Holly J. Gregory, co-chair of Sidley’s global Corporate Governance practice, sat down with WIRED to look at the business deals featured on HBO’s hit show “Succession.” In this video interview, she breaks down the deals and gives the inside scoop on everything from loan covenants to corporate mergers.
Recently, the Delaware Court of Chancery issued another ruling regarding the sale of Authentix Acquisition Company, Inc. (“Authentix”) to Blue Water Energy LLP (“Blue Water”), which was approved in 2017 by Authentix’s Board of Directors (the “Board”) and its controlling stockholders. The June 3, 2022 decision (Manti Holdings, LLC v. Carlyle Group Inc., C.A. No. 2020-0657-SG, 2022 WL 1815759 (Del. Ch. June 3, 2022)) denied in part a motion to dismiss and held that the gravamen of the plaintiffs’ post-closing money damages complaint—allegations that the defendants breached fiduciary duties regarding the sale—sufficiently stated claims upon which relief could be granted. The ruling underscores the need for heightened care by target companies and their equity sponsors when contemplating a transaction supported by an equity sponsor, including in their communications (or lack of communications) with management and other shareholders.
In M&A litigation, plaintiffs’ lawyers see actual or perceived conflicts of interest as gold. Conflict allegations can take many forms and arise in a variety of contexts: for example, a board member of a target company who is offered employment by the would-be acquirer, or a controlling stockholder who sits on both sides of a transaction. Another common example, and the focus of this post, is a board member or stockholder whose financial interests are alleged to diverge from other stockholders because of a need or desire to quickly liquidate holdings (referred to as a “liquidity-based conflict”). (more…)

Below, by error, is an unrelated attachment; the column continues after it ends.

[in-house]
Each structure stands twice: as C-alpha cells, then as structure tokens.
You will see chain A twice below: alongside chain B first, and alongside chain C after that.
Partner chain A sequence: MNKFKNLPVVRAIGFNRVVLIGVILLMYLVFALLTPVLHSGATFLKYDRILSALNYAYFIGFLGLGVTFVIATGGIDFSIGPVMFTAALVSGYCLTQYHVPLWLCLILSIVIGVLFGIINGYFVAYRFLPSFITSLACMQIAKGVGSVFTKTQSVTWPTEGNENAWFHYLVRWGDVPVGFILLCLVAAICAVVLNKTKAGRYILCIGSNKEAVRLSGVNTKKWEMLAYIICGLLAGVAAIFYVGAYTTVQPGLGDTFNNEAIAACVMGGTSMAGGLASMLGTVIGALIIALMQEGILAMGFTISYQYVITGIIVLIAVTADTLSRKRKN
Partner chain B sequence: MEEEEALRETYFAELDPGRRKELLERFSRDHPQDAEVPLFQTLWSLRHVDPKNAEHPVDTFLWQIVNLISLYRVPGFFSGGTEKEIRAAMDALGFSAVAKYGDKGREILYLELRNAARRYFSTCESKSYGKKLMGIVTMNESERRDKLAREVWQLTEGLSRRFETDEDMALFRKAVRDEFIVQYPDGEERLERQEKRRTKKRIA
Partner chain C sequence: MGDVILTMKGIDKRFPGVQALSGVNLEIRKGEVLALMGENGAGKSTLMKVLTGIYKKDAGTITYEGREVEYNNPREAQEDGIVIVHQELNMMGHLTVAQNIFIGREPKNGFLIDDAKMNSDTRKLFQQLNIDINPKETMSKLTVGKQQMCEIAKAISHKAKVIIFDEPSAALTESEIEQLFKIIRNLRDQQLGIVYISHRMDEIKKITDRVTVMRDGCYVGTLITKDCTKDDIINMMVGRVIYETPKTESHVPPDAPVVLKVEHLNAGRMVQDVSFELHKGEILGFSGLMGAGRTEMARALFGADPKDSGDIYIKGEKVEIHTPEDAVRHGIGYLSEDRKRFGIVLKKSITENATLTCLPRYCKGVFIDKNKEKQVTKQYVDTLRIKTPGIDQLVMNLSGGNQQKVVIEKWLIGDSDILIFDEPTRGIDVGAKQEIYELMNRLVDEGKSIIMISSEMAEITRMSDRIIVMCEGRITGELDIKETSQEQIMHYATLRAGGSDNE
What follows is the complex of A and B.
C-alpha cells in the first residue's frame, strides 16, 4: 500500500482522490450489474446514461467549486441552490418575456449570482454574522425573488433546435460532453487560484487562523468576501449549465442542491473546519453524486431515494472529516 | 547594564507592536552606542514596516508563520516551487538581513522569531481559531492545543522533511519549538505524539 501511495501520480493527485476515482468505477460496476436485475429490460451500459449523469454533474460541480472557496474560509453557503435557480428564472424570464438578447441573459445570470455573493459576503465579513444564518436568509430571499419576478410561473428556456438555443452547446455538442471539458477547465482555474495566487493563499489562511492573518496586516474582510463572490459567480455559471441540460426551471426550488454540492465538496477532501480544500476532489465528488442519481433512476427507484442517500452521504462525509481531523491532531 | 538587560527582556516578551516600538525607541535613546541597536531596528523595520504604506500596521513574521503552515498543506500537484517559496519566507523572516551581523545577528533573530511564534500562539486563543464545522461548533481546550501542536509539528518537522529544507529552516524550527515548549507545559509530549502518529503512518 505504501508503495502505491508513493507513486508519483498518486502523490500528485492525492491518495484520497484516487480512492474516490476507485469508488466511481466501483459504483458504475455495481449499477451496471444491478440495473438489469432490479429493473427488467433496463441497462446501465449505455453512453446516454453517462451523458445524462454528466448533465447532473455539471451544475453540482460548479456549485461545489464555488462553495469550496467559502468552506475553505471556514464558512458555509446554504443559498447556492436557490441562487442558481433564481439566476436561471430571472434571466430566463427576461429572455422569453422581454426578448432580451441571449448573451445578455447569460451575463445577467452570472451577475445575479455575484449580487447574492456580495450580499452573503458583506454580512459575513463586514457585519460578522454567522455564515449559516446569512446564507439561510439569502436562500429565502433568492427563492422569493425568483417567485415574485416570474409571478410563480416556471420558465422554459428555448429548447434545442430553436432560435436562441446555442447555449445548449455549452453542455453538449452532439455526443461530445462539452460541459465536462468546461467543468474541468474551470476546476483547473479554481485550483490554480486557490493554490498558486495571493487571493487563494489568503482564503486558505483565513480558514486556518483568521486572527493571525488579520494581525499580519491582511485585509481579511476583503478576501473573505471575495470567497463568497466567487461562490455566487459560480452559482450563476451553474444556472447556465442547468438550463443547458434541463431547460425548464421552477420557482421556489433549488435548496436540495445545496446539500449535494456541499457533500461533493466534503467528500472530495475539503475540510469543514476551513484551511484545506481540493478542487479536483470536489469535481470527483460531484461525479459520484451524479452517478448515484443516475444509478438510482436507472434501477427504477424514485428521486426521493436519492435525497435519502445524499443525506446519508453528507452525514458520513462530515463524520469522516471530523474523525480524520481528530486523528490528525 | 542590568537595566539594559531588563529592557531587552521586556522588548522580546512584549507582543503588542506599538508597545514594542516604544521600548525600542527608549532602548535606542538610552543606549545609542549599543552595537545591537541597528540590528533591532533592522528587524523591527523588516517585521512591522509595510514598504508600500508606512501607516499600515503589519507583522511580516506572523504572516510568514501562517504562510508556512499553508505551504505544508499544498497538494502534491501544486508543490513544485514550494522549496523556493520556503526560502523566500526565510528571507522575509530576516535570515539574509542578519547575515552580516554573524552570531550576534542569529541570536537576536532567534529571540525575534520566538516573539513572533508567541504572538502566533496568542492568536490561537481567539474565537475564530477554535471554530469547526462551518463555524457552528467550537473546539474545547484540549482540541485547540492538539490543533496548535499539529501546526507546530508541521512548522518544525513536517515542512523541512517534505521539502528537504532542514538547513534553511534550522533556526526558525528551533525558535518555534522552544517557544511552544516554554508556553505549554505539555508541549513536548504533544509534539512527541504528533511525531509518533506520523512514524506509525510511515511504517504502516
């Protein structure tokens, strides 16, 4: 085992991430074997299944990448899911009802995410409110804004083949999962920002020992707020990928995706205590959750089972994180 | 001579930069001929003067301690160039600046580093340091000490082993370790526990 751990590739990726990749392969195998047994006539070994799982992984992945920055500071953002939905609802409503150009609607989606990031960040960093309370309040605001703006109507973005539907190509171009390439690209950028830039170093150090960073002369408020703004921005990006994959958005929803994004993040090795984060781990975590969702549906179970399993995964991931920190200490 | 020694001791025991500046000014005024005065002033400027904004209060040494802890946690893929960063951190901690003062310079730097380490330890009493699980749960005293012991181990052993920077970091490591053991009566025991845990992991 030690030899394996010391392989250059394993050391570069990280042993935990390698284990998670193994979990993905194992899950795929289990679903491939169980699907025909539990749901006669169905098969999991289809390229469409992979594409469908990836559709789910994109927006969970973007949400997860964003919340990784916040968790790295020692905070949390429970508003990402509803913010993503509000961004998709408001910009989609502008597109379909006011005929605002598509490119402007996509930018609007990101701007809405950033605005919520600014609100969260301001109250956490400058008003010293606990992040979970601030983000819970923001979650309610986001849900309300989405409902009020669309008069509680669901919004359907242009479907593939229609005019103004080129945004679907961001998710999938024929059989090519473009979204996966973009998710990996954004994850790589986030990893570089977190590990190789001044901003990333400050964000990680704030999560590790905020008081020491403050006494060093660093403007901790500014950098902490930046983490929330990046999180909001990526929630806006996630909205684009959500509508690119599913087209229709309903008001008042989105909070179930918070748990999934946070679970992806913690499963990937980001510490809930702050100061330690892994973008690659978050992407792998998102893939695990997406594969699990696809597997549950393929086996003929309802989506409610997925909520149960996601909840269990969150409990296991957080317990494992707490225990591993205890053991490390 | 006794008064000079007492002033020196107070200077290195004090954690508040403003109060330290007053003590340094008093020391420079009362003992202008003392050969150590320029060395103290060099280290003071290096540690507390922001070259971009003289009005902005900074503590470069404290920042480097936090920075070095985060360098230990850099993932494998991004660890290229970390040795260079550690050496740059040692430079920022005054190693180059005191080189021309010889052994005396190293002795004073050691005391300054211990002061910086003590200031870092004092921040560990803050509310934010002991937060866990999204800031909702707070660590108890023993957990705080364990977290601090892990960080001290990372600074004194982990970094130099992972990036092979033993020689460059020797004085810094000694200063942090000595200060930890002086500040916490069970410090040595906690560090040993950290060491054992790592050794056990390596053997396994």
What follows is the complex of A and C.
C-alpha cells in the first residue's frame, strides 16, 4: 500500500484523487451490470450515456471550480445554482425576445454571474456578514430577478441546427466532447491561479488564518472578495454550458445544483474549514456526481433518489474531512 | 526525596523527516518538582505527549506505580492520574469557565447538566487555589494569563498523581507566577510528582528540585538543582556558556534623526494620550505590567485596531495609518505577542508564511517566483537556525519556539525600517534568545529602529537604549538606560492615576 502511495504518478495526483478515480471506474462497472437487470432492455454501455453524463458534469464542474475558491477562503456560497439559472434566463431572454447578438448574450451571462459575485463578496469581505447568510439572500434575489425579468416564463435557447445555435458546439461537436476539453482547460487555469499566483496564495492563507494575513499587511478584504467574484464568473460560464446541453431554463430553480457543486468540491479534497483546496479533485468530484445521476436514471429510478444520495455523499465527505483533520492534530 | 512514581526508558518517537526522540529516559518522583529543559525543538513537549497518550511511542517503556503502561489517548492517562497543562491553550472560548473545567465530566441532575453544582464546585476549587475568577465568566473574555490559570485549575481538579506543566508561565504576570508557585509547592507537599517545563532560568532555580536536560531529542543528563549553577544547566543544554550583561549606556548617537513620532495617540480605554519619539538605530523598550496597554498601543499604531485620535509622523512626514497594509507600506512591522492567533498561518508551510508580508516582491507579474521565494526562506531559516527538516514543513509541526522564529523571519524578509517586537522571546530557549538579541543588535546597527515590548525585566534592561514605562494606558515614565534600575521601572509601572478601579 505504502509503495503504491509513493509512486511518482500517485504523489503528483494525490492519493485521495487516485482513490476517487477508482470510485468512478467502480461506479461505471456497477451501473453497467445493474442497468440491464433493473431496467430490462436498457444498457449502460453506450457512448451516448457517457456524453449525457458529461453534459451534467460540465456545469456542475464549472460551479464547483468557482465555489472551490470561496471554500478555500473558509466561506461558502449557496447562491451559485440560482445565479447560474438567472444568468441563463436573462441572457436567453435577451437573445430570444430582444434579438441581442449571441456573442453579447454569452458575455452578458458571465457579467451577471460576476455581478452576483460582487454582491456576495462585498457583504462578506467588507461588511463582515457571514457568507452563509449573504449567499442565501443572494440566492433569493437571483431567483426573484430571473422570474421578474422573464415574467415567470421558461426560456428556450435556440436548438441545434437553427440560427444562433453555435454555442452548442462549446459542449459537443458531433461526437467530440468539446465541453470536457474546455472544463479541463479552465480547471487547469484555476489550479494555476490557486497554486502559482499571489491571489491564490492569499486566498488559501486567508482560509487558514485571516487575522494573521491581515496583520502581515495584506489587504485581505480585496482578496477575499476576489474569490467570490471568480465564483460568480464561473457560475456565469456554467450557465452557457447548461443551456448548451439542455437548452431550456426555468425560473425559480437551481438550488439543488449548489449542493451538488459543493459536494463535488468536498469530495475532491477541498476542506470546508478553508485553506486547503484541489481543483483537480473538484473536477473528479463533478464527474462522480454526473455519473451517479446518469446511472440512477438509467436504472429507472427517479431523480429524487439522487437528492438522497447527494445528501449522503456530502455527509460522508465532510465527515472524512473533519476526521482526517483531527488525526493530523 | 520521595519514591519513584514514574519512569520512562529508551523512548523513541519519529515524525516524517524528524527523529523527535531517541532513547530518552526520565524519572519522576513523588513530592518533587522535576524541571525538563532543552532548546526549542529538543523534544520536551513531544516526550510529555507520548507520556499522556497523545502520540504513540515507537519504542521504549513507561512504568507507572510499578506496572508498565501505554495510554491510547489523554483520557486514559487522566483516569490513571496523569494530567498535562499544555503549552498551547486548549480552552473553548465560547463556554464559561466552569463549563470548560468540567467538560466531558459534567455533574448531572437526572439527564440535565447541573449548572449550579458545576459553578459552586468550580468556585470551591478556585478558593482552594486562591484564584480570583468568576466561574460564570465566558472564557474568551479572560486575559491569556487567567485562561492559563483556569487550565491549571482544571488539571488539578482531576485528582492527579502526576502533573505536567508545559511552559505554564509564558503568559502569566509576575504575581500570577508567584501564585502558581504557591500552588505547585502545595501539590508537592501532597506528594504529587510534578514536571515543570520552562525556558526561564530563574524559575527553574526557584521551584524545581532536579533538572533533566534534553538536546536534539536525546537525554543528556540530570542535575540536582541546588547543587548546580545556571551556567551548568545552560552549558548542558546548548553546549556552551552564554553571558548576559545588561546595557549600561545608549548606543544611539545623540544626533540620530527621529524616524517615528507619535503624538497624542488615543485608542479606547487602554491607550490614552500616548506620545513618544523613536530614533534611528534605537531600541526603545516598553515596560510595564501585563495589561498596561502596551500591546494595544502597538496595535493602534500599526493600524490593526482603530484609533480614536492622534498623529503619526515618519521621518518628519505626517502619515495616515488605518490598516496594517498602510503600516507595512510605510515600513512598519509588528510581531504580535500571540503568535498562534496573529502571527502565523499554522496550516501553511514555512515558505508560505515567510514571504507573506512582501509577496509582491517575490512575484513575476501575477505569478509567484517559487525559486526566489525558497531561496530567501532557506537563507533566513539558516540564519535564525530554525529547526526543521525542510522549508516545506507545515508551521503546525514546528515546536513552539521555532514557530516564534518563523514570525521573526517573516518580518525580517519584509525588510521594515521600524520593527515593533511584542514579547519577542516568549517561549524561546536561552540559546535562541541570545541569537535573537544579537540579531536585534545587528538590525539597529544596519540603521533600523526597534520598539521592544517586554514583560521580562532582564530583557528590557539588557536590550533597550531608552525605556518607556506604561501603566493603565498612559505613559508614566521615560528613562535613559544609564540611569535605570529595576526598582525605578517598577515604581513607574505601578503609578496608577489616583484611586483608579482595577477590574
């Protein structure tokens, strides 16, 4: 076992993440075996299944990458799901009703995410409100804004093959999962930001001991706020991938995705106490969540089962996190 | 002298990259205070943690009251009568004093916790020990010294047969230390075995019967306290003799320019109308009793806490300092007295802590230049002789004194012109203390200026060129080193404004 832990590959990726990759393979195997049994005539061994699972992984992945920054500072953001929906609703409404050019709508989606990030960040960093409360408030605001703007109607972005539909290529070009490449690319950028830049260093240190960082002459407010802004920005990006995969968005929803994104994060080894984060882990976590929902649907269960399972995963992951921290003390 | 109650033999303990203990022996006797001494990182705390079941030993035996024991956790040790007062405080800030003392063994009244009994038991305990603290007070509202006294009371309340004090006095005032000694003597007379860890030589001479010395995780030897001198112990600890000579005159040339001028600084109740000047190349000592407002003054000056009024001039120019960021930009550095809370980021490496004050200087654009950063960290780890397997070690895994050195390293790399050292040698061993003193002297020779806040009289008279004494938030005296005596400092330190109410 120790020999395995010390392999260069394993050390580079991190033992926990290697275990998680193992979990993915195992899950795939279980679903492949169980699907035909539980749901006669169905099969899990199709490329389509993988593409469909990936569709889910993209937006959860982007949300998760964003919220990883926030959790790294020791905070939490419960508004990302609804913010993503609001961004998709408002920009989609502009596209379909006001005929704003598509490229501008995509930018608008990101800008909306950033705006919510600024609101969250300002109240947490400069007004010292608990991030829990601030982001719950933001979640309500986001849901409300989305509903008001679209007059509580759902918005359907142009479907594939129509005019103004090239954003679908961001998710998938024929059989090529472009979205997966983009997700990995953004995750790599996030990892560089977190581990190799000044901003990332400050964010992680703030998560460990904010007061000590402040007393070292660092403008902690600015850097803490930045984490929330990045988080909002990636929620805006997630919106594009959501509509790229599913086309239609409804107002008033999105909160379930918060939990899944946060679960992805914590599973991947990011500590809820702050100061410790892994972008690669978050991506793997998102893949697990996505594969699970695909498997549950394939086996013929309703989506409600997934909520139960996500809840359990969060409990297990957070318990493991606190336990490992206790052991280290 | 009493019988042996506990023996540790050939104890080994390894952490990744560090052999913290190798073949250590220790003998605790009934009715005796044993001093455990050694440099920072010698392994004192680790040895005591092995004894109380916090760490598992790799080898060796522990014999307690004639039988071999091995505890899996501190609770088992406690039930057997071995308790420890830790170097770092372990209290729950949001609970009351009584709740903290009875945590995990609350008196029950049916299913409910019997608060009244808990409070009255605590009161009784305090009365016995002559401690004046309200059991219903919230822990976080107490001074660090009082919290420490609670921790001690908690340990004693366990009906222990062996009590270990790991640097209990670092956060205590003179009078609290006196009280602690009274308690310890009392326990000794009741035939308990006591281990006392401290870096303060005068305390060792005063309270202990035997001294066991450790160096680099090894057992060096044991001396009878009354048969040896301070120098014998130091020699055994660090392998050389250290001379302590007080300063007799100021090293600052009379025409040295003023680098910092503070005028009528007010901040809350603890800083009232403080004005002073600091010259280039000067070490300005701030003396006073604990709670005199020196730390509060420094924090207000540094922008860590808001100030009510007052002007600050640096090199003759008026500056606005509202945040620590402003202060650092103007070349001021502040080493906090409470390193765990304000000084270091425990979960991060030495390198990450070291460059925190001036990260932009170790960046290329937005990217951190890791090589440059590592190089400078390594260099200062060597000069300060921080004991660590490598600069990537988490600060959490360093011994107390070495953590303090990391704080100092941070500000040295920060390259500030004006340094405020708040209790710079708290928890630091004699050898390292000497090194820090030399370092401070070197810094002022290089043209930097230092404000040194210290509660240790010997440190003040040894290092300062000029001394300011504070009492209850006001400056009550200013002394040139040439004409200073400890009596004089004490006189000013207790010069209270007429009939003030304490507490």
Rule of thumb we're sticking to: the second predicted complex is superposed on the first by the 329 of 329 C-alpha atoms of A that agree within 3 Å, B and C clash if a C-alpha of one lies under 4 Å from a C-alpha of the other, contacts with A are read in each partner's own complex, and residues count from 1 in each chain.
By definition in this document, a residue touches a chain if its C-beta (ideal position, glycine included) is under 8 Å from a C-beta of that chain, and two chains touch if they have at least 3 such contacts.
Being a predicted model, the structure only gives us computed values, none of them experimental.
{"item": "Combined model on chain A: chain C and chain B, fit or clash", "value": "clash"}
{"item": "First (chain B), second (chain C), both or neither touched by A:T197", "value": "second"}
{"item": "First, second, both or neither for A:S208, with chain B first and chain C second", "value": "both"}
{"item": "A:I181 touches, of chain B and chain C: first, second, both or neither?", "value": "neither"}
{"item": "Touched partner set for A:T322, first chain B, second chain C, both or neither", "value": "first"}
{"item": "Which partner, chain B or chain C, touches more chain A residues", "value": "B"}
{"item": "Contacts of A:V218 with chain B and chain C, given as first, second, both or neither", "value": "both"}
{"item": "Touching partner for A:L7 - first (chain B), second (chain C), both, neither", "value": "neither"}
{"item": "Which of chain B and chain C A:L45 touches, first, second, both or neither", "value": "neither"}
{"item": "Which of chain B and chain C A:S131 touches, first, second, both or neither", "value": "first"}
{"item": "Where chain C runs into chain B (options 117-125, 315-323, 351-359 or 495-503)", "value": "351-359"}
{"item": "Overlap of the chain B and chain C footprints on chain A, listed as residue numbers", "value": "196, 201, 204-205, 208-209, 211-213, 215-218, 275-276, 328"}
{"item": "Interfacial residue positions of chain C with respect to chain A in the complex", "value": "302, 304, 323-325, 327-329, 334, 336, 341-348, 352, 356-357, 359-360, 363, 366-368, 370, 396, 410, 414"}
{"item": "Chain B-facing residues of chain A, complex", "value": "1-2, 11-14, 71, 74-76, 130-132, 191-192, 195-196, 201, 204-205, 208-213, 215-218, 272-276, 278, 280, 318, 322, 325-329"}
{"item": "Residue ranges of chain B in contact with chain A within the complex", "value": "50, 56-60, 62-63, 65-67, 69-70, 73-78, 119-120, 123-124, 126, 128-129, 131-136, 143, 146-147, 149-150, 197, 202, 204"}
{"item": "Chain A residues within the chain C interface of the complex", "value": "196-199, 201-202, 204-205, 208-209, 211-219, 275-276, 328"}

This is Part 2 in a 2-part series discussing developments around contractual waivers of the corporate opportunity doctrine in the private equity realm.
In Part 1, we discussed a recent Texas Court of Appeals case which held that members of a Delaware LLC can contract around (i.e., waive) the general principle protecting against usurpation of corporate opportunities. See Patterson v. Five Point Midstream Funds I and II, L.P., Case No. 01-19-00-643-CV (Tex. App. Dec. 8, 2020). We discussed that the Patterson decision followed a trend in Delaware that permits parties to contract around the traditional rules prohibiting usurpation of corporate opportunities. See Alarm.com Holdings, Inc. v. ABS Capital Partners Inc., No. CV 2017-0583-JTL, 2018 WL 3006118 (Del. Ch. June 15, 2018), aff’d, 204 A.3d 113 (Del. 2019). In December 2019, the Delaware Supreme Court in Alarm.com, affirmed a decision penned by Vice Chancellor Laster out of the Court of Chancery dismissing a claim under the Delaware Uniform Trade Secret Act (DUTSA).
In this Part 2, we will take a deeper dive into Alarm.com, the open questions it left, and potential new developments to keep an eye out for concerning waiver of usurpation of corporate opportunities in the private equity realm. This decision — and the open questions that have not yet been addressed by subsequent cases — is of particular importance to private equity owners that hold investment in companies governed by Delaware law.
As recent decisions from the Delaware courts remind us (e.g., Murfey v. WHC Ventures, LLC), Delaware entities often have the ability to negotiate the scope of investors’ right to inspect company books and records—and perhaps even to eliminate those rights. But few corporations, partnerships, or LLCs appear to do so. With the proliferation of books-and-records litigation in recent years, however, more Delaware entities should consider whether opportunities may be available to limit the potential burden of such litigation and whether it would be prudent to explore those opportunities.
A recent Texas Court of Appeals case held that members of a Delaware limited liability company (LLC) can contract around (i.e., waive) the general principle protecting against usurpation of corporate opportunities. This decision is of particular importance to private equity owners that may hold other investments in companies in the same industry and closely follows recent Delaware case law. The case also should limit the ability for parties to forum shop and seek to obtain a different outcome on Delaware legal issues by filing in another forum, in this case Texas.